If you’re looking for a great Cirque show but unsure which of the many options to choose, Beatle’s LOVE is not only great entertainment, but the staff at the Mirage made sure that their wheelchair using passengers received world class treatment. Ushers are available to walk wheelchair users to their seats and ensure they are seated comfortably, even bringing wheelchairs back and forth right to your reserved spot if you choose to transfer out of your chair and into the theater seat.

Accessible slot machines
Accessible slot machines | Source

Trying your Luck

Are you hoping Lady Luck will be on your side during your visit to Las Vegas? Then you’ll want to stop by one of the dozens if not hundreds of casinos found across the city. All hotels have wheelchair accessible slot machines.

While slot machines can easily accommodate wheelchair users, game tables and poker tables are not all built with wheelchair reserved seating. Las Vegas is in the business of making money and the city caters to their patrons who are there to spend money, so shop around. Call around casinos ahead of time to make sure they’ll have options to accommodate your needs depending on the types of games you’re looking to play.

Experiencing Attractions

Fountains at Bellagio
Fountains at Bellagio | Source

Once you’ve taken in a show and tried your hand at a round at the casinos, be sure to explore the strip and catch some of the unique attractions you can only experience in Las Vegas.

Bellagio is a good example of a resort that offers several different attractions in one place, so if you are taking the trolley or walking to and fro, you can see lots of things in one place without having to worry about arranging multiple transportation options for your wheels. Check out the Botanic Gardens which changes out their displays often. It’s very easy to navigate with a wheelchair and is located on ground level.

Then step outside for a view of the fountains at the Bellagio which are viewable right from the sidewalk, making it one of the best attractions for people with disabilities who may be concerned about space and ease of access.

Across the street from the Bellagio you can find Madame Tussaud’s Wax Museum and the Gondolas at the Venetian resort. The wax museum is fully accessible, even accommodating wheelchairs through various hallways and rooms throughout the museum, though you have to ask for access to the elevators to take you up. The gondolas are not handicapped accessible, unless you can transfer out of your wheelchair, but are great fun to watch from inside as you stroll through the romantic walkways throughout the resort.


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The Eiffel tower is another popular attraction located in the Paris resort. Keep in mind that if you are a wheelchair user and are traveling with a wheelchair using companion, the resort policy only allows one wheelchair user at a time to access the elevator, due to fire codes. If you are weary of heights this may not be the attraction for you, as the elevator takes your chair up multiple stories and lets you out over a narrow platform overlooking the entire city.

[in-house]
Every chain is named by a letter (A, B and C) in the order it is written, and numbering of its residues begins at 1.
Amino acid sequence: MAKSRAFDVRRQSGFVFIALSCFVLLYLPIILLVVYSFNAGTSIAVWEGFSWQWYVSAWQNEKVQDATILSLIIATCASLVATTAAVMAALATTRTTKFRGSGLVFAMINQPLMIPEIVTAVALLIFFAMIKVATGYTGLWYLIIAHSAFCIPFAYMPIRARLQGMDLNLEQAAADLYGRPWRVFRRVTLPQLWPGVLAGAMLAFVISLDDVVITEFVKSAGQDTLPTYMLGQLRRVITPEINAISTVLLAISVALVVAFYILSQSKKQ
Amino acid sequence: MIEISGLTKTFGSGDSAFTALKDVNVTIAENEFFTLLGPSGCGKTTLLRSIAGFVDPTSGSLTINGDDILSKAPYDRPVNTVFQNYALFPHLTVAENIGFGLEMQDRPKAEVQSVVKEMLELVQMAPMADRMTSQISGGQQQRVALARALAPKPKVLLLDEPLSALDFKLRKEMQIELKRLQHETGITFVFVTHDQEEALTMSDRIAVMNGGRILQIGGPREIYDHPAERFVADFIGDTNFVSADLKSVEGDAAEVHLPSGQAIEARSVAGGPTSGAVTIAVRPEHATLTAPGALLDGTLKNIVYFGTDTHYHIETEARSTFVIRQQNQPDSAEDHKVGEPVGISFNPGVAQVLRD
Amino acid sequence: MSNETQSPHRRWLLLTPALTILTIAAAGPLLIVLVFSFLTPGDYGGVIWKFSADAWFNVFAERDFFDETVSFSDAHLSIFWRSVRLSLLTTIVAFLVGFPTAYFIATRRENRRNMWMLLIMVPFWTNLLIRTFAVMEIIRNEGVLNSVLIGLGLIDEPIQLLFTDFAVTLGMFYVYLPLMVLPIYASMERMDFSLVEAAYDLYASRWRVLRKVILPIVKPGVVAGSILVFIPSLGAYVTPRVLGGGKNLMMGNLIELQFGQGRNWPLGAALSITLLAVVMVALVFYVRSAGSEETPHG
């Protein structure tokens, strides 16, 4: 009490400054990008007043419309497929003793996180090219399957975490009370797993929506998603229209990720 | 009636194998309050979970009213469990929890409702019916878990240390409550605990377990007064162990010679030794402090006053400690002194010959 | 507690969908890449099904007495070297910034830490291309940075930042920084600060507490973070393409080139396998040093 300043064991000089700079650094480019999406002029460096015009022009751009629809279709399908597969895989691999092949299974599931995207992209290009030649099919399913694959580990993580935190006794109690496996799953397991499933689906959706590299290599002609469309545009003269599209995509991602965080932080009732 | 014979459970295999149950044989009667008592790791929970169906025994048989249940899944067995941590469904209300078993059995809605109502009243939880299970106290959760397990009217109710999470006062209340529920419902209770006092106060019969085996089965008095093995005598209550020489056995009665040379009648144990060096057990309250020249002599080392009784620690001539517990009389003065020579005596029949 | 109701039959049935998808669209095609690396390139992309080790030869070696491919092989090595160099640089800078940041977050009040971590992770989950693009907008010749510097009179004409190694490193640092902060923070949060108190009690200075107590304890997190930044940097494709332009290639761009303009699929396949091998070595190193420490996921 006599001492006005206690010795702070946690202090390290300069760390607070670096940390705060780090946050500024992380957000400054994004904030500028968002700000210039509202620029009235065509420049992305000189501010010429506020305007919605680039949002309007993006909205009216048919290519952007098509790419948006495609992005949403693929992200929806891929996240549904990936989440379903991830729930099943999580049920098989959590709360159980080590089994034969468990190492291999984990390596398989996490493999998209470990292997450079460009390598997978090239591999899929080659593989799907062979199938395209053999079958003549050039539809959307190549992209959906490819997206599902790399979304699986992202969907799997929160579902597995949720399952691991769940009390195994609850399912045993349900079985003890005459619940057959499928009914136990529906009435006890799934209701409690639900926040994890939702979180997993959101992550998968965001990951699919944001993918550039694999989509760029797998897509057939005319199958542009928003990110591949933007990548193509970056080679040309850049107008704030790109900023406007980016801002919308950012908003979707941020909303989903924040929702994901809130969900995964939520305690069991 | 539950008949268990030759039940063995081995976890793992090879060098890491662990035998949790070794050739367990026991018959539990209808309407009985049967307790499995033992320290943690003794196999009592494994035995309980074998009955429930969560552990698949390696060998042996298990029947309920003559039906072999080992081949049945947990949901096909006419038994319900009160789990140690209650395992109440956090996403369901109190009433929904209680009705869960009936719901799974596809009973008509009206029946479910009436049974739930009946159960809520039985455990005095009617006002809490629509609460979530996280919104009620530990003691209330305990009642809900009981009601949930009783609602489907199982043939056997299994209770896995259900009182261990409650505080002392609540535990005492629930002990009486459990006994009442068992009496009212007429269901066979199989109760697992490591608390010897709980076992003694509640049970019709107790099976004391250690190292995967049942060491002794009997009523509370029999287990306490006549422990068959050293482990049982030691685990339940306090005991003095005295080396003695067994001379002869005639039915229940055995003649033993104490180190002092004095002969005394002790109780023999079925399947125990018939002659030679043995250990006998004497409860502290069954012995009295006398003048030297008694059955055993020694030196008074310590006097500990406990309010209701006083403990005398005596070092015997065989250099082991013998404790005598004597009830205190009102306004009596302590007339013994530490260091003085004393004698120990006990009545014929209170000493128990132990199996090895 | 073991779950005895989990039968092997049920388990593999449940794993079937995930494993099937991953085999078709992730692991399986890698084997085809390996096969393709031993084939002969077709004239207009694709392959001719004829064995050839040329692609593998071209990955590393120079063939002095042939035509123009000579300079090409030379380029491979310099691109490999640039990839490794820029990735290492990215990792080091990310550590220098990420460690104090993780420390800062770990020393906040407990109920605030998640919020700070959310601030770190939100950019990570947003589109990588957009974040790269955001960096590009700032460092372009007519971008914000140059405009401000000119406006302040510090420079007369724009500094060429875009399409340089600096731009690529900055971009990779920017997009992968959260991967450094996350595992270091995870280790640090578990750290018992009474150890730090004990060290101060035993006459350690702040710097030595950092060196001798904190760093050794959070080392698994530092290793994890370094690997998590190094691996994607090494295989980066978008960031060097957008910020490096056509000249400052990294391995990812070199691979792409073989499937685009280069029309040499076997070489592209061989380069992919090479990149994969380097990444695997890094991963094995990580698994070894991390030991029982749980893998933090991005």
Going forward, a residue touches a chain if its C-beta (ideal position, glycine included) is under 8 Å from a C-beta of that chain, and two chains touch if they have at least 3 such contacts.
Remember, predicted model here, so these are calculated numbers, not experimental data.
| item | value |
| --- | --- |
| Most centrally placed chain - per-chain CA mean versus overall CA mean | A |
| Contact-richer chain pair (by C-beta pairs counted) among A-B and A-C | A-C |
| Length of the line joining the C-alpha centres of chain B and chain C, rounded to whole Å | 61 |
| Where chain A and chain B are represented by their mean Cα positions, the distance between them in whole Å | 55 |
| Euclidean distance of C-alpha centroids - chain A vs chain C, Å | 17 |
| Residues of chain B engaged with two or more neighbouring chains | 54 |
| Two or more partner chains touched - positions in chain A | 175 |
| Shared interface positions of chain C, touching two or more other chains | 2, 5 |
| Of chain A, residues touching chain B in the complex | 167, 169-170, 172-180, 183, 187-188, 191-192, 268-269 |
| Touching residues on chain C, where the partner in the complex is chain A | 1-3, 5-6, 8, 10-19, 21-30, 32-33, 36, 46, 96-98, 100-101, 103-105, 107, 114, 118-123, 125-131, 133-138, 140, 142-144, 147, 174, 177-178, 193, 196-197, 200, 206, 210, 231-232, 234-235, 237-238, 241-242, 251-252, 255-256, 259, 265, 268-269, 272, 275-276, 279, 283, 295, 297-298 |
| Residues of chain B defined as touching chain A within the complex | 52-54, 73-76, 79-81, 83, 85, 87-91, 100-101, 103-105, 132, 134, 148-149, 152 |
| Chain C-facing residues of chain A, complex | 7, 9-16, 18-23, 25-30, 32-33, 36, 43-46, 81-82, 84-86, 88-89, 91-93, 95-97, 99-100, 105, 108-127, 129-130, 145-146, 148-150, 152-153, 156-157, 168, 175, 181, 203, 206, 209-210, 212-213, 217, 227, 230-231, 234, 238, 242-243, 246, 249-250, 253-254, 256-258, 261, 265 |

The live flamingo exhibit at the Flamingo resort is a relaxing option, however some of the paths are narrow and covered in natural paths like stones and grassy which could make it tricky to get through depending on your wheelchair or type of mobility equipment you use.

You can check out more attractions at http://www.vegas.com/attractions/. Call ahead to the resorts to ask what level of access the attraction you are interested in provides.

Shopping at the Bellagio
Shopping at the Bellagio | Source

Shopping the Strip

If you’re a shopaholic or fashionista, Las Vegas is your city. Consider packing one of those reusable grocery shopping bags to hang on your chair to carry around all of your shopping bags throughout your visit.

The Forum Shoppes at Caesars Palace is a must stop for all shoppers. The indoor shopping area provides a unique atmosphere with a domed ceiling painted like the sky to give shoppers the feel of an outdoor Italian pavilion. The matching cobblestone on the floors can be a bit precarious for people using walkers or walking devices and you may find it a bit bumpy from the seat of your wheelchair so take your time.

Le Boulvard Shops in the Paris resort recreates a Parisian outdoor shopping atmosphere. There’s more cobblestones here and does not offer the same wide variety as the Forum Shoppes. Many of the shops are small so proceed with caution when entering with your wheelchair.

Via Bellagio is perhaps one of the easiest and smoothest shopping forums you’ll experience with the Bellagio’s smooth floors and wide variety of shops to choose from, it will make your trip worthwhile.

Are you a traveler with a disability who has visited Las Vegas? What was your favorite attraction? Was your hotel experience accommodating? Share some of your accessible travel experiences in the comments!

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    • momsdoworkathome profile image

      Katina Davenport 3 years ago from Michigan

      I haven't visited Las Vegas yet but I plan on it. Although this was about handicap accessibility, Las Vegas looks fun. I just wonder what is there to do for boring folks like me that don't drink or gamble.